|CN102271050A *||4 Jun 2010||7 Dec 2011||华为技术有限公司||一种IPv6网络中网络设备自动配置的方法、网络设备和系统|
|CN102271050B||4 Jun 2010||30 Apr 2014||华为技术有限公司||Method and system for automatically configuring network equipment in Internet protocol version 6 (IPv6) network, and network equipment|
|EP1289201A1 *||4 Sep 2001||5 Mar 2003||Siemens Aktiengesellschaft||Method for routing in a wireless ad-hoc network and netstation for use of the method|
|WO2003021885A1 *||3 Sep 2002||13 Mar 2003||Enric Mitjana||Method for routing wireless links in a wireless-based ad-hoc network and a sub-station for carrying out a method of this type|
|WO2003023639A1 *||10 Sep 2002||20 Mar 2003||Cenus Technologies Inc||System and method for directing clients to optimal servers in computer networks|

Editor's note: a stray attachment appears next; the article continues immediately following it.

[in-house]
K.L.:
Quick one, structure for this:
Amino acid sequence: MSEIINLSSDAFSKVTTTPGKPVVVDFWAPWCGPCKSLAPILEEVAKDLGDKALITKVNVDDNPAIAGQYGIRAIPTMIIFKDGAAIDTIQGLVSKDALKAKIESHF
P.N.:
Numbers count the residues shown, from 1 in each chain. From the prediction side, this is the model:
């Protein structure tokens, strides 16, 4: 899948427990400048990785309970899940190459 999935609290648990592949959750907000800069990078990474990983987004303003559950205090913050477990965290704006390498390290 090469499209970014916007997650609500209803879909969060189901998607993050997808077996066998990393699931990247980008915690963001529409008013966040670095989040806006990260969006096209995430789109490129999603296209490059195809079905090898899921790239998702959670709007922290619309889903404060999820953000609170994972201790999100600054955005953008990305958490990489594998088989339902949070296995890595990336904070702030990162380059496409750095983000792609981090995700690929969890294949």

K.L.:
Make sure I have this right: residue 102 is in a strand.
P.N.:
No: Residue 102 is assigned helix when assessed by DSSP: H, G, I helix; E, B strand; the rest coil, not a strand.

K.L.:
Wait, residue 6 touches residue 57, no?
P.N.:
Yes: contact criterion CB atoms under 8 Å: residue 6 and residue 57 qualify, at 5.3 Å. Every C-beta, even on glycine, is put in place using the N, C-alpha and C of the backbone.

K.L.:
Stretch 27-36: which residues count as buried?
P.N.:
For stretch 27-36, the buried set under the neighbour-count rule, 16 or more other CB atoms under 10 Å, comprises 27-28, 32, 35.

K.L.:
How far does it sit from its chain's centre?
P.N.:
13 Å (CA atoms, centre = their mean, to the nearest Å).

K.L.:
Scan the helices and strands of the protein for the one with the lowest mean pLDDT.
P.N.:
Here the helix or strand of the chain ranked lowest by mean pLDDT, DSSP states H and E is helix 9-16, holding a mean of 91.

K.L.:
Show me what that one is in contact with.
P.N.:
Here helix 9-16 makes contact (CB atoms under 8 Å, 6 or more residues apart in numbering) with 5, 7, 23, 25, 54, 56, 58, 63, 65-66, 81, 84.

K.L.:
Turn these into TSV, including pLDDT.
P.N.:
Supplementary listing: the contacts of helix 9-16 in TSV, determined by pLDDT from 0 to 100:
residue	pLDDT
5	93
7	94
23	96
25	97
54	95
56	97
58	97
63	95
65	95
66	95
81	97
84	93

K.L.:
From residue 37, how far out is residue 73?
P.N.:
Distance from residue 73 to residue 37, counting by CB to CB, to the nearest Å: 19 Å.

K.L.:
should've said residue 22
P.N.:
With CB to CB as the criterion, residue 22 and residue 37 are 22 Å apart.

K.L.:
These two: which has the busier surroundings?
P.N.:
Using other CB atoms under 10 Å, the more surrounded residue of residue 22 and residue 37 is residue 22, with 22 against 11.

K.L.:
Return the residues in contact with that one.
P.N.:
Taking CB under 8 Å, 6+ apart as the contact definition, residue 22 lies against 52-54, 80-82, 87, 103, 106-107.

|U.S. Classification||370/351, 370/410, 370/385, 370/396, 370/466|
|29 Mar 1996||AS||Assignment|
Owner name: CISCO SYSTEMS, INC., CALIFORNIA
Free format text: ASSIGNMENT OF ASSIGNORS INTEREST;ASSIGNOR:BION, JOEL P.;REEL/FRAME:007868/0700
Effective date: 19960313
|13 Nov 1997||AS||Assignment|
Owner name: CISCO TECHNOLOGY, INC., CALIFORNIA
Free format text: ASSIGNMENT OF ASSIGNORS INTEREST;ASSIGNOR:CISCO SYSTEMS, INC.;REEL/FRAME:008800/0585
Effective date: 19970804
|2 Feb 2004||FPAY||Fee payment|
Year of fee payment: 4
|7 Jan 2008||FPAY||Fee payment|
Year of fee payment: 8
|1 Feb 2012||FPAY||Fee payment|
Year of fee payment: 12